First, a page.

“But after the argument,” says Miles, “Max gave me $200, put it in my pocket, and said I looked good. It drug me so much. I said, ‘That motherfucker gave me $200, told me I looked good, and I’m fucked up and he knows it.’ And he’s my best friend, right? It just embarrassed me to death. I looked in the mirror and said, ‘Goddamn it, Miles, come on.’ So I called my father and he sent me a ticket back to East St. Louis.”
He left immediately and found his father waiting for him. he told Miles, “You have to do this by yourself, you know that, ’cause you have been around drugs all your life. You know what you have to do.” Miles immediately went and locked himself in his bedroom, stared at the ceiling, and cursed for 12 days.
“Sugar Ray Robinson, the boxing champion, inspired me to kick my habit,” Miles says. “I said, ‘if that mother can win all those fights, I can break this motherfuckin’ habit.’ I went home, man, and sat up for two weeks and sweated it out. I laid down and stared at the ceiling for 12 days and cursed everybody I didn’t like. I was kicking it the hard way. I lay in a cold sweat. My nose and eyes ran. I threw up everything I tried to eat. My pores opened up. Then it was over.”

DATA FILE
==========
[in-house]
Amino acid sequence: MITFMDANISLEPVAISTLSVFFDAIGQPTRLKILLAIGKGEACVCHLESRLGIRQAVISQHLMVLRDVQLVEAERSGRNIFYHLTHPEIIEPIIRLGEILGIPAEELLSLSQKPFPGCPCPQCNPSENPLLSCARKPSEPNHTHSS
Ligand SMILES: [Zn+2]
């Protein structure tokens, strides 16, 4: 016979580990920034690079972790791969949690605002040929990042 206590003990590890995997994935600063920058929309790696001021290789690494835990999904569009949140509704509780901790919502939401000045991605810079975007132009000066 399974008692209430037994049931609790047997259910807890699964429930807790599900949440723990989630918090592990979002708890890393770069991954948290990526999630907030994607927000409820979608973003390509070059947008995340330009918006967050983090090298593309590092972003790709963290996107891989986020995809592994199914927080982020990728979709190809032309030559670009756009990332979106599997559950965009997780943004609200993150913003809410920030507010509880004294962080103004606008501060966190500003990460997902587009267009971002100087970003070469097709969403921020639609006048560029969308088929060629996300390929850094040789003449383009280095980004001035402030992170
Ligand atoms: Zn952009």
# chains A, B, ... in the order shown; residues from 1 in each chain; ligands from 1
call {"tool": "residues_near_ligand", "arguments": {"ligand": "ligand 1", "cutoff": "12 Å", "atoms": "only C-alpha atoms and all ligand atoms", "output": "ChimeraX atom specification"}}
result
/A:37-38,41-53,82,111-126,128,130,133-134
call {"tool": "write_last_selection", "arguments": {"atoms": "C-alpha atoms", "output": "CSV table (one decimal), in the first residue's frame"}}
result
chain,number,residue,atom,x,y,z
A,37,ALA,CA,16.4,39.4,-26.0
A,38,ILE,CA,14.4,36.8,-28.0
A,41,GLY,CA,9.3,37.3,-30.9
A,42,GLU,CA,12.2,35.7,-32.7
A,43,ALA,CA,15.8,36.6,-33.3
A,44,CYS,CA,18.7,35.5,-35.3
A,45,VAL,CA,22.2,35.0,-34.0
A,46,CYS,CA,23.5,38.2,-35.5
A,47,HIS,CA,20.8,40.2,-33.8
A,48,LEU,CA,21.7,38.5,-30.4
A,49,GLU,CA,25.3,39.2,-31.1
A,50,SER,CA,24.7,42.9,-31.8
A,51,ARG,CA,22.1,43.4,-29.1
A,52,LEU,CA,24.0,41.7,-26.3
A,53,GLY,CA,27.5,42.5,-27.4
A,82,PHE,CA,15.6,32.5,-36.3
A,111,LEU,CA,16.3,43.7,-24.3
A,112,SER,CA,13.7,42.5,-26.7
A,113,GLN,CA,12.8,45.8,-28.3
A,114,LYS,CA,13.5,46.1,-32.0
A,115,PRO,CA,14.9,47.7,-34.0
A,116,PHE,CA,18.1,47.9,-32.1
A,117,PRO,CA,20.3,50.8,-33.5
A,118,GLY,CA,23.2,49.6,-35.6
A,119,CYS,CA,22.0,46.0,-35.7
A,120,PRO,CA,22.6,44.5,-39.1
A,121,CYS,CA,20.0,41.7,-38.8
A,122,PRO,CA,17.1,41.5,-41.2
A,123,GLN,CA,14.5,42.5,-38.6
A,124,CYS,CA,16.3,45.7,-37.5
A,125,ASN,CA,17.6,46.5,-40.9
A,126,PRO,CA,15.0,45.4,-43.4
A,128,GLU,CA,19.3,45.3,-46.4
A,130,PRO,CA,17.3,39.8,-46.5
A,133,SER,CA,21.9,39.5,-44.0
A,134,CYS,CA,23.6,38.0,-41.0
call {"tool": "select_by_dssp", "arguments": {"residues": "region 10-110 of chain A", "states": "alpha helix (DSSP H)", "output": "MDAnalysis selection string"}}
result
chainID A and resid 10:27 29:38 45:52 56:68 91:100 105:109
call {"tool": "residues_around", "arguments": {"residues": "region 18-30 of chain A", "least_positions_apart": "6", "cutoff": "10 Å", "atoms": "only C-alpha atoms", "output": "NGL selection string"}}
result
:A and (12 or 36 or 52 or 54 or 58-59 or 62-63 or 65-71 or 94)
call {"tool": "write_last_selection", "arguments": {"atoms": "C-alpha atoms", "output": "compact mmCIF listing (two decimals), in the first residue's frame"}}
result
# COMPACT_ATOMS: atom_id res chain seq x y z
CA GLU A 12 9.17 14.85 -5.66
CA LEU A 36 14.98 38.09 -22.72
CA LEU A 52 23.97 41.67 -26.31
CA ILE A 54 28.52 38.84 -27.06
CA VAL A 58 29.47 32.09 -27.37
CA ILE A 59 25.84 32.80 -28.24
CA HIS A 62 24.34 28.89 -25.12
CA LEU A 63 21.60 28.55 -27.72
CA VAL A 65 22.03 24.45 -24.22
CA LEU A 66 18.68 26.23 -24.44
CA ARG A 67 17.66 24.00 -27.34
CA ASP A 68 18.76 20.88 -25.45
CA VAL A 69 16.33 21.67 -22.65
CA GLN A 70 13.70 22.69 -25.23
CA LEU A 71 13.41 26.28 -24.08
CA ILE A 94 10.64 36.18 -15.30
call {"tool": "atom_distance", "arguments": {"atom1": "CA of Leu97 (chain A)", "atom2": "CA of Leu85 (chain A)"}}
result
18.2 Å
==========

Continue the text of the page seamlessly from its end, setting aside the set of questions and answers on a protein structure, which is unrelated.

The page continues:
After a period of recuperation, Miles went to live in Detroit because the city had an impressive array of local jazz talent for him to play with and hard drugs were not as prevalent there as they were in New York, Chicago, or Los Angeles. When Miles finally went back to New York in the spring of 1954, many found him changed. Babe Gonzales, the famous jazz singer, said, “When he was strung out on heroin—and he’s one of the very few who broke the habit all by himself, completely, without treatment—Miles was desperate enough to fall in with some pitiless people. Some of them exploited him musically, made him play for very little bread, but he needed that little bread.”
“Also, the hoods who ran the jazz clubs in New York used to beat up on Miles and Bud Powell and other musicians who were strung out and in hock to them. Miles has always been a proud man, and while they didn’t break him, they hurt him for a long time. Ever since then he’s been leery about everybody. With exceptions—and they never know who they’ll be.”